Not all who wander away are lost, however. On average, about three-quarters of those changing jobs over the last year stayed in-house, either moving to a new role in the contact center or taking on a new challenge elsewhere in the organization.
Even in an increasingly omnichannel world, quality managers remain focused first and foremost on voice, email, and chat channels when monitoring quality and performance. The fall-off for other channels is steep, with less than 10% of respondents tracking self-service and social channels on a regular basis.
Across all channels and industries, the metrics most commonly tracked by respondents in 2022 are:
- Customer satisfaction
- Agent productivity
- Abandonment rate
- Adherence to schedule
- Average handle time
- Average speed of answer
- Quality score
- Service level/response time
- Average response time
Solid training for newly hired and tenured agents, as well as all other contact center roles, is the biggest determinant of quality and performance. Unfortunately, training time is limited (less than 10 days per year, on average) once employees complete onboarding. Only 70% of respondents feel that new agents receive adequate training in their contact centers, a drop from 90% in our last survey.
Most training remains on-the-job, with call monitoring, shadowing, and coaching common, along with more formal classroom and online classes. AI-based training is increasing. More more than a quarter of respondents checked the box on real-time guidance from an intelligent virtual assistant.
About 56% of contact centers in our survey have dedicated managers or teams responsible for scheduling. Unfortunately, workforce management remains a manual process at more than half of the organizations responding to our survey, with managers adjusting and updating schedules - and building forecasts - by hand. Schedule creation, analysis, and changes to channel assignments are more likely to be automated.
Close to 90% of respondents are outsourcing some or all of their contact center services/interactions. Most who are outsourcing (70%) aren’t planning to make any changes to their current arrangement in the coming year. Very good news for BPOs: only about 6% of their customers in our sample are unsatisfied with their outsourcing arrangement.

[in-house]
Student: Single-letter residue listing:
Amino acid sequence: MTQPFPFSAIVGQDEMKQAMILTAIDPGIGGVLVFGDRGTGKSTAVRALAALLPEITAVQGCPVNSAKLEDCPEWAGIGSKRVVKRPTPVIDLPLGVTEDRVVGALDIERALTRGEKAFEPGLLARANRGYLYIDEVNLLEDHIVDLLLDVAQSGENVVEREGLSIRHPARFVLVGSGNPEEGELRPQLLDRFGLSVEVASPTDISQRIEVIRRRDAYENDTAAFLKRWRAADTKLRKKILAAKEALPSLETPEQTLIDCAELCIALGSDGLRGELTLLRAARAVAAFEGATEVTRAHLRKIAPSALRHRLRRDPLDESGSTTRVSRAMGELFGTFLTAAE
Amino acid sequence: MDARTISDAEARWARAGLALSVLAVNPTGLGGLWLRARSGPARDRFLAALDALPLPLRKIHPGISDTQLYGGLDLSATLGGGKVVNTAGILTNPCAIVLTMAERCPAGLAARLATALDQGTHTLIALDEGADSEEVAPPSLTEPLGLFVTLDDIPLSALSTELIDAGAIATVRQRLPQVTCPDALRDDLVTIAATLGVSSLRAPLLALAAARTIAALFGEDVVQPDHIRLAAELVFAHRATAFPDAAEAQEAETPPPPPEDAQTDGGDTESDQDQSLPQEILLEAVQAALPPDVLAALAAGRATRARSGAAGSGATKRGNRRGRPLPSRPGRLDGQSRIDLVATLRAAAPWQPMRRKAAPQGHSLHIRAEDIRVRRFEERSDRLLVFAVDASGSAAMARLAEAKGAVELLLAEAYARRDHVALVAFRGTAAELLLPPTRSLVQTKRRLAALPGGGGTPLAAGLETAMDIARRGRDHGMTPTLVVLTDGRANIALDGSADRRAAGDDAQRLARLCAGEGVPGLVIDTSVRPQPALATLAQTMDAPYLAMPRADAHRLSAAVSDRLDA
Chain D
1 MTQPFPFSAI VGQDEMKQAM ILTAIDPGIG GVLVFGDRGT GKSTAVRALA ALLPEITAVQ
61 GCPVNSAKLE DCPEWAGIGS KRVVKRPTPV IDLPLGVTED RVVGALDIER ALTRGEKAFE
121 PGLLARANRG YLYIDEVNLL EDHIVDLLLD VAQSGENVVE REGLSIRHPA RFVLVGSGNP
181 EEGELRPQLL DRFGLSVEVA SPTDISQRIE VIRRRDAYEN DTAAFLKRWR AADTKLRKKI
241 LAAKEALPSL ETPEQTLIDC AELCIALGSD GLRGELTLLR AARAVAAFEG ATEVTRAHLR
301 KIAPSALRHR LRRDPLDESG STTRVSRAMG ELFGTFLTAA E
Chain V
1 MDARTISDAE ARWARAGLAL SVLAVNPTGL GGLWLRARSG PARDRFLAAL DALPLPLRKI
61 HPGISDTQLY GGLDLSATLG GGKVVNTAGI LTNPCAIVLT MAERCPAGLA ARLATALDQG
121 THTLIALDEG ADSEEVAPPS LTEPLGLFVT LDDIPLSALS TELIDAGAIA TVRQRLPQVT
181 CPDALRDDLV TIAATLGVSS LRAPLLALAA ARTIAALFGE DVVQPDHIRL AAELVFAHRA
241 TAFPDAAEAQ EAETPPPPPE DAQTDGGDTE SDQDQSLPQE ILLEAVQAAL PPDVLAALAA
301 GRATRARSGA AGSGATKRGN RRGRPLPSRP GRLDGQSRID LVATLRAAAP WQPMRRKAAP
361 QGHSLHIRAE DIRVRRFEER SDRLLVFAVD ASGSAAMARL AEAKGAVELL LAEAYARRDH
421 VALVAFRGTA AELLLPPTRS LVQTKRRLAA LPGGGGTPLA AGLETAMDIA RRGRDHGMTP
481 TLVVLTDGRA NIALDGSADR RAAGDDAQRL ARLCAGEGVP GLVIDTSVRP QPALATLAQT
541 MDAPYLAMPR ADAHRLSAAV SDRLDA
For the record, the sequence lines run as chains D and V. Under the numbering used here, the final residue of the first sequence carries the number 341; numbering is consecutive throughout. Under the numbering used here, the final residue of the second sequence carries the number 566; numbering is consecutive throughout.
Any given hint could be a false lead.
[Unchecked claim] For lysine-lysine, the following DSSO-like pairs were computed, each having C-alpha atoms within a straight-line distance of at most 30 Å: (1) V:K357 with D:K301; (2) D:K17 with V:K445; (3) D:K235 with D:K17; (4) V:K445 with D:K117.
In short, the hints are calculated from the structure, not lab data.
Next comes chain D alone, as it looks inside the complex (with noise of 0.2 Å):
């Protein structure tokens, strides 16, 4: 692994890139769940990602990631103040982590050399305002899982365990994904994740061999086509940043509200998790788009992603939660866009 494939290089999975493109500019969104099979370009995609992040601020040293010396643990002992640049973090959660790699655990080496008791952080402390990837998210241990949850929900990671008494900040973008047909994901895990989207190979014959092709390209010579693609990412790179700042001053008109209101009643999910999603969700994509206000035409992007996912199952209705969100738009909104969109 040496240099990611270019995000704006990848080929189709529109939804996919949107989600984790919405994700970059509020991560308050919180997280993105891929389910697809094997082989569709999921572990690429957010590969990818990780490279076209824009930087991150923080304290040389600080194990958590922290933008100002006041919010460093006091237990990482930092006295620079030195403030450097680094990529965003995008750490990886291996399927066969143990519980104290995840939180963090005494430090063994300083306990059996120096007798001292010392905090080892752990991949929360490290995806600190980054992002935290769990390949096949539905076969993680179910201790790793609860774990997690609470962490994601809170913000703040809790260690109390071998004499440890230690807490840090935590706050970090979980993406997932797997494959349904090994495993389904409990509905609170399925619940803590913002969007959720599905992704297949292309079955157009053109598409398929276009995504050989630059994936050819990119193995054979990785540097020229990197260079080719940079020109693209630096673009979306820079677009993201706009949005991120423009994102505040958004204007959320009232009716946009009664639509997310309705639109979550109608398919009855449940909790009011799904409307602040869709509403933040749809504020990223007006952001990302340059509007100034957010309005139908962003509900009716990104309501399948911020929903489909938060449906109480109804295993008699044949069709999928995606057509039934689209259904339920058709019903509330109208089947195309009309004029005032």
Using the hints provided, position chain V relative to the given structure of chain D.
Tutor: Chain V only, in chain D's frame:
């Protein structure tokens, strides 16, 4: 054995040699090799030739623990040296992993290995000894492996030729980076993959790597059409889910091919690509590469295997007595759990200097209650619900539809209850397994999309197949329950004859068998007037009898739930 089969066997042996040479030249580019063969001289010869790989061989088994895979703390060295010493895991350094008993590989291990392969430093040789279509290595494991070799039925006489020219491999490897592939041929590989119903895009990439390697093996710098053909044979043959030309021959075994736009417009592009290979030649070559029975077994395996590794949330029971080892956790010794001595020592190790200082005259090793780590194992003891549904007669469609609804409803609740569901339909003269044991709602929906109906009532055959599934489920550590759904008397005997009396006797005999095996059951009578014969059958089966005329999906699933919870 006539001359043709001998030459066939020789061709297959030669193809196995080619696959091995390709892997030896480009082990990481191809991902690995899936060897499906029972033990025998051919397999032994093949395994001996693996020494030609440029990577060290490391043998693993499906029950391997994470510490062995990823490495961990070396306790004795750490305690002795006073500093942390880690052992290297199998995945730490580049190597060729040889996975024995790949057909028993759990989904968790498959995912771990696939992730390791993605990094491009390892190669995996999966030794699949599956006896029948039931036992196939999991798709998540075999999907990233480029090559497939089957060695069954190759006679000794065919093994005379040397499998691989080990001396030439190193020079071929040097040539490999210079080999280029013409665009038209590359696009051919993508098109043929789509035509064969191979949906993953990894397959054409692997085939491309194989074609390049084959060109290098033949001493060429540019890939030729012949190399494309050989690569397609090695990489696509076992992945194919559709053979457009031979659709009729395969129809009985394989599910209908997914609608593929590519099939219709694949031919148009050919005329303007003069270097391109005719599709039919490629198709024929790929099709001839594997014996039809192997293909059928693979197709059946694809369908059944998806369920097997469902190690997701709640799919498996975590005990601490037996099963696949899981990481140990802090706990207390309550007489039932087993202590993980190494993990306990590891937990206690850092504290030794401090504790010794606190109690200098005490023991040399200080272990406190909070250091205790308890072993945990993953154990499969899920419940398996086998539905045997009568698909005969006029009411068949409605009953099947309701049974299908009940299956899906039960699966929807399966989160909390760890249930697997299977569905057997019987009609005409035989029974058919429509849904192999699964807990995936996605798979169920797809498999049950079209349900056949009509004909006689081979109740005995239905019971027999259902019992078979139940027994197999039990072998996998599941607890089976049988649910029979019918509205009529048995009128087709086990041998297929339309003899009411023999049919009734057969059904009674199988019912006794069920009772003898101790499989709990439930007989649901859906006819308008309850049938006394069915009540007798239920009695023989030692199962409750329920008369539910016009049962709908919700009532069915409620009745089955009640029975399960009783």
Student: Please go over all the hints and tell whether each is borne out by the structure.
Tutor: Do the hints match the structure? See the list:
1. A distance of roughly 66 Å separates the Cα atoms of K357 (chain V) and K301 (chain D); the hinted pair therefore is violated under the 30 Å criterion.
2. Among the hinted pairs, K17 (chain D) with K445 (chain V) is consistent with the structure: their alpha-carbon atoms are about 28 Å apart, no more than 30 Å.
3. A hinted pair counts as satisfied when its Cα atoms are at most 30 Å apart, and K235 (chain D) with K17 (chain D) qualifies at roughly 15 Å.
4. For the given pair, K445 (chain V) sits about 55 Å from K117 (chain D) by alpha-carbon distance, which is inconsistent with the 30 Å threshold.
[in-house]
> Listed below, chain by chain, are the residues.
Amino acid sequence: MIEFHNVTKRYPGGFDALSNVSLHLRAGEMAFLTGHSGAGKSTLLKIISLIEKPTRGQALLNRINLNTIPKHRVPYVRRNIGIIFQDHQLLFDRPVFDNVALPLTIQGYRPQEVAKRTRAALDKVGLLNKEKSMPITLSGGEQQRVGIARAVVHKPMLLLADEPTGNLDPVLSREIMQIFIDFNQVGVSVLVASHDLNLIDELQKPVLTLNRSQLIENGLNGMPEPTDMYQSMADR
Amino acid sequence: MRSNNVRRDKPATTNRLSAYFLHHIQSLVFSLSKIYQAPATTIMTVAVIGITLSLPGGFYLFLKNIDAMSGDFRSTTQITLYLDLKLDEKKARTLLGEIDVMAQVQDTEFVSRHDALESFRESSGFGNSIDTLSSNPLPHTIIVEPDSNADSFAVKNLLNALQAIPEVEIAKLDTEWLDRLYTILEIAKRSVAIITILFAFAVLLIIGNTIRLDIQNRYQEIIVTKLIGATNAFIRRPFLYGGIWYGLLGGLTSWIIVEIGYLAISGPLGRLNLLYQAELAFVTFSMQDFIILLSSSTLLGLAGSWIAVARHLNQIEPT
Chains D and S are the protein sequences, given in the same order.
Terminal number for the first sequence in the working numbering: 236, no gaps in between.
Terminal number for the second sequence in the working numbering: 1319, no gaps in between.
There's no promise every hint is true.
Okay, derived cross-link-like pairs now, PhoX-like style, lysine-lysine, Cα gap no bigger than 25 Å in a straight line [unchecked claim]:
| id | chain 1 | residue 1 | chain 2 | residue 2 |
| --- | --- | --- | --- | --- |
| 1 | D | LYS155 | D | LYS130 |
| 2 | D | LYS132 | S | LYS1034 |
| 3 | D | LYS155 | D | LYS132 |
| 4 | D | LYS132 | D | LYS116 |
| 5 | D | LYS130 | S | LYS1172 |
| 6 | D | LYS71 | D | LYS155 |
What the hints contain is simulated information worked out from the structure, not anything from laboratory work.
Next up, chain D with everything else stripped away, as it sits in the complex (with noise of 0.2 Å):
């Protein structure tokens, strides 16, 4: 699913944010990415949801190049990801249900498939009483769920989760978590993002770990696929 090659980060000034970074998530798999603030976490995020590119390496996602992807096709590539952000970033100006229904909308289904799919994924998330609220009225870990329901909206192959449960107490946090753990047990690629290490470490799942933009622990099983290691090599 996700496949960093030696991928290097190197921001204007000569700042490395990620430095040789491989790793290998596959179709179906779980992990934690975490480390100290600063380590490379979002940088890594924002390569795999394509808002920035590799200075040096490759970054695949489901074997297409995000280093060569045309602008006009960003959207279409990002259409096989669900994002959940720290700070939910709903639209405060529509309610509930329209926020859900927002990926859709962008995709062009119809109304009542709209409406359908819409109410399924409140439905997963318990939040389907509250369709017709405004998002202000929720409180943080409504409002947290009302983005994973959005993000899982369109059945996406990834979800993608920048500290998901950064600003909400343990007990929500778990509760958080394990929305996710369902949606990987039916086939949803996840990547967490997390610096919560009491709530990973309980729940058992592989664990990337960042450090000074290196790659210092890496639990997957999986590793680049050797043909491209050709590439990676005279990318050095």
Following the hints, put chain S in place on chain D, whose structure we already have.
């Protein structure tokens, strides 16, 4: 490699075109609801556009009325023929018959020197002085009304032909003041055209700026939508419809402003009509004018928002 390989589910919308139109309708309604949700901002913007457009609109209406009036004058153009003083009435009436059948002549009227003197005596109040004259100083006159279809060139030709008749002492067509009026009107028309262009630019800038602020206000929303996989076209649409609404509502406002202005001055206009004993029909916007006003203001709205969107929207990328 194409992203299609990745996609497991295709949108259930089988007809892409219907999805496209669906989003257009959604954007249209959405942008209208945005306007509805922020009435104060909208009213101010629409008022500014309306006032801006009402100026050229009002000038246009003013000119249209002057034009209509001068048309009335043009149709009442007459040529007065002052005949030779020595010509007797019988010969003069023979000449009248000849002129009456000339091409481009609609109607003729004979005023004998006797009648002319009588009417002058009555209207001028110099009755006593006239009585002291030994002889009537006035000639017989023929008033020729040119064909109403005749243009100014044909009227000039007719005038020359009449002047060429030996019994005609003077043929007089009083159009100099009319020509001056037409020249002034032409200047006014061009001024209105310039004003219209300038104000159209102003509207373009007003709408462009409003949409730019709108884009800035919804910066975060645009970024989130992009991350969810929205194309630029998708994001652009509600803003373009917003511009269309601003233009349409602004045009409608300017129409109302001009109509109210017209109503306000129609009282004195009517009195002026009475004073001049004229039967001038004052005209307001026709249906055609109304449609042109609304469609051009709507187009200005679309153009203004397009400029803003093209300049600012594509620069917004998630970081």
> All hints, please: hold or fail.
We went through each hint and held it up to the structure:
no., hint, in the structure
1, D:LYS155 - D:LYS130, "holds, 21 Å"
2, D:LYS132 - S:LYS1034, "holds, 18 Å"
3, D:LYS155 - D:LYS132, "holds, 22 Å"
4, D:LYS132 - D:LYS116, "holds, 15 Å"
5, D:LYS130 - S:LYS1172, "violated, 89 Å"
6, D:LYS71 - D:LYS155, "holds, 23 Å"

About 43% of survey respondents outsource less than half of contact center services. Only a very small minority are outsourcing all contact center services/interactions.
Cost remains the primary reason organizations aren’t expanding outsourcing activity. Control and service quality concerns top the list of reasons given by the 11% who haven’t yet hired an outsourcer. Less than 10% of our sample pointed to better technology as a reason to outsource.
Organizations continue investing significantly to keep their contact center tech up to date.
In 2022, contact centers that are investing in new or upgraded technology are doing so to support continual process improvement, to better align with business goals, and to accommodate or prepare for changes in business model. Improving the customer experience and controlling costs are still important investment targets but are less of a focus compared to last year’s survey.
Analytics and AI are taking up a good percentage of tech budgets, making up half of the categories targeted for organizations planning updates or new investment in 2023, with predictive analytics and intelligent virtual agents the top targets for new spending in that category. Workforce collaboration and quality monitoring tech are the top update or replacement candidates.
Thank you to everyone from the ICMI community who participated in this year’s State of the Contact Center survey. Sharing your insights and best practices each year is immensely valuable to your peers as they benchmark their own practices.
Be sure to download the full report and please let us know how you use the information to improve operations, evolve how your teams work, and supercharge their ability to delight your customers.